Residents of Washington D.C.’s sprawling metropolitan area recently got word that the region’s much-delayed expansion of its Metro system is in for – more delays.

Washington’s Metro, which extends into suburban Maryland and Virginia, has been plagued for years by derailments, fires, and other maintenance-related problems. Officials in charge of the system have been forced to shut down one line after another so that long-overdue repairs could be carried out. Ridership on the system has plummeted by 135,000 trips per day in recent years, as once-loyal customers have fled to other means of transportation to get to and from work.

In the midst of the chaos, local officials hit on a novel idea: They decided to expand an already crumbling system. Metro’s heralded Silver Line would expand westward to Reston, Va. and, in a second phase, stretch farther west to Dulles International Airport before terminating in Loudoun County.

And how has that gone?

The 11.7-mile Phase 1 extension was completed six months behind schedule and came in more than $220 million over budget. That was the good news. Construction on the 11.5-mile Phase 2 segment got underway in 2014, is already a year behind schedule, and now isn’t expected to be in operation until the end of 2020. It, too, is facing cost overruns that could eat into the project’s $550 million continency fund.

Virginia officials lobbied for years to secure funding for the project, claiming it would be a boon to the local economy. In truth, it’s been more of a boondoggle. Contractors supplied precast concrete panels that weren’t up to specifications, and other suppliers delivered concrete ties for the rails that had too much curvature in them, which could lead trains to tilt outward. Adding to the concrete woes, inspectors discovered cracks in the girders designed to support the aerial tracks at Dulles International Airport. The list of screw-ups goes on and on.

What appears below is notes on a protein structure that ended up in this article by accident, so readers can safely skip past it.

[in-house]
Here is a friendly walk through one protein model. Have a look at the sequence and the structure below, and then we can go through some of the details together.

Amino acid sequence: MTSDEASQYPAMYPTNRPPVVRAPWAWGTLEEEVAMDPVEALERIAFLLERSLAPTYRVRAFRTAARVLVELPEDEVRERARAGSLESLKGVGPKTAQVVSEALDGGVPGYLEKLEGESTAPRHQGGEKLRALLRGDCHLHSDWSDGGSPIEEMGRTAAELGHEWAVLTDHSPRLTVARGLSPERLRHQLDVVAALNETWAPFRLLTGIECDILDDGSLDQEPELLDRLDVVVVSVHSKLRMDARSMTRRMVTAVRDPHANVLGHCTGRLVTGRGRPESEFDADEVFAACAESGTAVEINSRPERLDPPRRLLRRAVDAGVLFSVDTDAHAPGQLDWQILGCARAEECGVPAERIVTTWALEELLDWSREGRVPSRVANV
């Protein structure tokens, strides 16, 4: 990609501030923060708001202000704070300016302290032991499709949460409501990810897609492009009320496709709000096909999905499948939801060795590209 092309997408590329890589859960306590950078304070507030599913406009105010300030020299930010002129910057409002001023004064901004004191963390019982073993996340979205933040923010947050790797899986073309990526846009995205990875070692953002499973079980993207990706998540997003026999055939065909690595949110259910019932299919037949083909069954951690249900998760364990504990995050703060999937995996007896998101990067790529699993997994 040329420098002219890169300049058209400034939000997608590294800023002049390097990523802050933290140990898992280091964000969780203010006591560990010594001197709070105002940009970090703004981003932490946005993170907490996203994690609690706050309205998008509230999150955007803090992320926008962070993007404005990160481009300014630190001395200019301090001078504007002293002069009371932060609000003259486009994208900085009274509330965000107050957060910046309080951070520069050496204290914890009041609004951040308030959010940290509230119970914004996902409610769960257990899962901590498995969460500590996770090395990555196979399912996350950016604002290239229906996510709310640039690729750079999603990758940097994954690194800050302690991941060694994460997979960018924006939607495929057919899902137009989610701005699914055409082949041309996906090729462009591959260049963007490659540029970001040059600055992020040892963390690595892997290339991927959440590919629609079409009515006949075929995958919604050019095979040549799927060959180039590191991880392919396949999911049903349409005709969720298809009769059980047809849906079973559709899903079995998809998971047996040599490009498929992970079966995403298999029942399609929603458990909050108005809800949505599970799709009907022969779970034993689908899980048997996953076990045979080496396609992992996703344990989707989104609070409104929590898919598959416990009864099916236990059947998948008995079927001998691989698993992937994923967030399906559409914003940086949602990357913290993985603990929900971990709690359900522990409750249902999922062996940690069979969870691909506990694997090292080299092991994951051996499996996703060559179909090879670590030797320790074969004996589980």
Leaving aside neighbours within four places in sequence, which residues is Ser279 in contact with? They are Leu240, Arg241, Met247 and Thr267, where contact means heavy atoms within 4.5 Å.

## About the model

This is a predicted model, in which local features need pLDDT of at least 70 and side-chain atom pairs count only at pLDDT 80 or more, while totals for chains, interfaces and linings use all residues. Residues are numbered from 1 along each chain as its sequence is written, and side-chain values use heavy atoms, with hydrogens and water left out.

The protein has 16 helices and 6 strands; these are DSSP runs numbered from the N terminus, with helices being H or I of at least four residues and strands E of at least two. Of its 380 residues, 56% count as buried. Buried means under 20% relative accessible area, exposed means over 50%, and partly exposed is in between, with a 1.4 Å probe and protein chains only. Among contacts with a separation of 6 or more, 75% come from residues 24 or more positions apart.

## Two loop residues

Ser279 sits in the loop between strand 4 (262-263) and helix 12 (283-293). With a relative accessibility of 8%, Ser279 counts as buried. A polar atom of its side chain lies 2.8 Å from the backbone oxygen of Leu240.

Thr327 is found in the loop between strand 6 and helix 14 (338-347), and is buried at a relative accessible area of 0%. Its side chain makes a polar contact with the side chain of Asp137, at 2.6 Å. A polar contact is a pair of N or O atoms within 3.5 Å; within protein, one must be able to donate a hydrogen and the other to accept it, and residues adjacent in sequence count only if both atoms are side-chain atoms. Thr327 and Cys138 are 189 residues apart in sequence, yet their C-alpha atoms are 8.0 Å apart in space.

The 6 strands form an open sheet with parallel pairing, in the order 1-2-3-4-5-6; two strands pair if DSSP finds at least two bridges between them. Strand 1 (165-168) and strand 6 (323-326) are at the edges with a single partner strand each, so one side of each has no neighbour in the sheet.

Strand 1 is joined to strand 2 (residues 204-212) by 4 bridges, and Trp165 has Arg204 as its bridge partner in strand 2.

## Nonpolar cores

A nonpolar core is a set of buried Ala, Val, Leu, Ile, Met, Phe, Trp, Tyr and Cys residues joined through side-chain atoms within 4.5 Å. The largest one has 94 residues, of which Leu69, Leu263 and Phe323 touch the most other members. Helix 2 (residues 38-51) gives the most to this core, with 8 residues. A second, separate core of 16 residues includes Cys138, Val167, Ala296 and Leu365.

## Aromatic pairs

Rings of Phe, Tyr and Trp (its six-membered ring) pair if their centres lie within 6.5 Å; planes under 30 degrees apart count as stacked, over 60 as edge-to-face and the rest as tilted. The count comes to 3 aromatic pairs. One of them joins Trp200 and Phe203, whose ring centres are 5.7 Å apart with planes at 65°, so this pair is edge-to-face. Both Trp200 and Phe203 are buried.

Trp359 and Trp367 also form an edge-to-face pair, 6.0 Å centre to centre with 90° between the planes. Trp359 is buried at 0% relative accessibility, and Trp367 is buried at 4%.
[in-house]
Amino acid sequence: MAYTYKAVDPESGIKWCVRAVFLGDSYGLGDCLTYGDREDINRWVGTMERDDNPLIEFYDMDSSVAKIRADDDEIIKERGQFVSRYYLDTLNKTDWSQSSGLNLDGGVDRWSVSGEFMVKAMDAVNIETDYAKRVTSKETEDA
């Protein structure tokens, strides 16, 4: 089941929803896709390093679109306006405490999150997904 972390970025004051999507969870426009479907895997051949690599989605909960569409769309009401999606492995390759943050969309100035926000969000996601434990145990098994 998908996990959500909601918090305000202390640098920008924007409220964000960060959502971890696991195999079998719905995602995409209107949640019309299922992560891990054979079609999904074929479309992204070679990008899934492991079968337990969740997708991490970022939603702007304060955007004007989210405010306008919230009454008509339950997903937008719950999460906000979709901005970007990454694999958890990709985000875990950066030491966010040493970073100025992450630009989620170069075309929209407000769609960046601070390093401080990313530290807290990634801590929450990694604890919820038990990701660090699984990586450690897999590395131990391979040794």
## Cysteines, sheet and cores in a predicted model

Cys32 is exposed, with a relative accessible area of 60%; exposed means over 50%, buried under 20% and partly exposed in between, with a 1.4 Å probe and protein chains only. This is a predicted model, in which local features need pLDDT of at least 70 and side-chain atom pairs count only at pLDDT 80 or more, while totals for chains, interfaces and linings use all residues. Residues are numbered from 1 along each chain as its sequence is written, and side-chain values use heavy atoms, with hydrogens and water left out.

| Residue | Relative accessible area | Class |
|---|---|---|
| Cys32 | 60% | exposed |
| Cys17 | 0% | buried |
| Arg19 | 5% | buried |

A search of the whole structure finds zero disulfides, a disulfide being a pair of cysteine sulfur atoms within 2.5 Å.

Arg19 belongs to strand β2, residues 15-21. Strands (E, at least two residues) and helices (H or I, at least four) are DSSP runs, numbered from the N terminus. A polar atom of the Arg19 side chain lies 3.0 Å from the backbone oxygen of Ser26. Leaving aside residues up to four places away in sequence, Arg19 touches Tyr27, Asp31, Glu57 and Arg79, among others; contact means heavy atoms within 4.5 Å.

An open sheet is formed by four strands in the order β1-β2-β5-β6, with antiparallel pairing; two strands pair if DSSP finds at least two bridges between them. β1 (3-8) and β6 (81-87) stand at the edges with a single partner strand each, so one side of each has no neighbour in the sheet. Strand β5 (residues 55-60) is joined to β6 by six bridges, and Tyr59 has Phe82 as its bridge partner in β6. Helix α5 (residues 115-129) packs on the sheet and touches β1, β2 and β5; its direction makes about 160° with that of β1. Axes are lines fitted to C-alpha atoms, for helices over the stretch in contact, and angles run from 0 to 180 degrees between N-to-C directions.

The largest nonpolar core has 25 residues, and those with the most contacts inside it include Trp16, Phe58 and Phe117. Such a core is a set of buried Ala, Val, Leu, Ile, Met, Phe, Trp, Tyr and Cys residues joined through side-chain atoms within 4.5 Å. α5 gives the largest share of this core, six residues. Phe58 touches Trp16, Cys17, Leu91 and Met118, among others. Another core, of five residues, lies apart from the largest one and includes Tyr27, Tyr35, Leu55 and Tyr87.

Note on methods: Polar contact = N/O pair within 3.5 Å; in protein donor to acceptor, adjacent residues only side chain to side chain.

Across the Potomac River in Maryland, another fiasco is in the works. There, a 16-mile light-rail system, known as the Purple Line, is attracting unflattering publicity. Construction on the Purple Line, which would ferry passengers between down-market Prince George’s County and Montgomery County’s decidedly upscale Bethesda-Chevy Chase neighborhood, is over a year behind schedule. Maryland officials are squabbling over how to come up with the additional $200 to $300 million needed to complete the project by 2023.

Across the Country

Similar horror stories are unfolding elsewhere. In Honolulu, a project to construct a 20-mile elevated rail system is five years behind schedule, and its budget has ballooned from $4 billion to $8 billion and counting. California, always good for bad news, boasts its magnificent Bullet Train designed to carry passengers between Los Angeles and San Francisco. After the cost of the project had more than doubled from the original estimate of $33 billion, and was running a breathtaking 13 years behind schedule, Gov. Gavin Newsom (D) — unable to shake down the Trump administration for more money — greatly scaled back the project.

The Washington Post (July 21) reports a study by Oxford University professor Bent Flyvbjergthat which found that “nine out of ten mega-projects – those that cost more than $1 billion to build – exceeded their budget. And transportation projects, he said, went over budget an average of 44.7%.”

The big losers in all this are taxpayers, whose hard-earned money is thrown at these projects with reckless abandon. Every now and then a head will roll or a company fined when things go really bad. Yet despite such well-publicized boondoggles as Boston’s infamous Big Dig, these project continue to hold an allure for politicians and their cronies.

There’s nothing inherently wrong with upgrading transportation infrastructure; indeed, if done properly, it can benefit public safety and make a community more economically viable. But mega-projects can also be grotesquely wasteful. The next time your community proposes one of these things, make sure it is something that is really needed, and that adults are in charge from start to finish.

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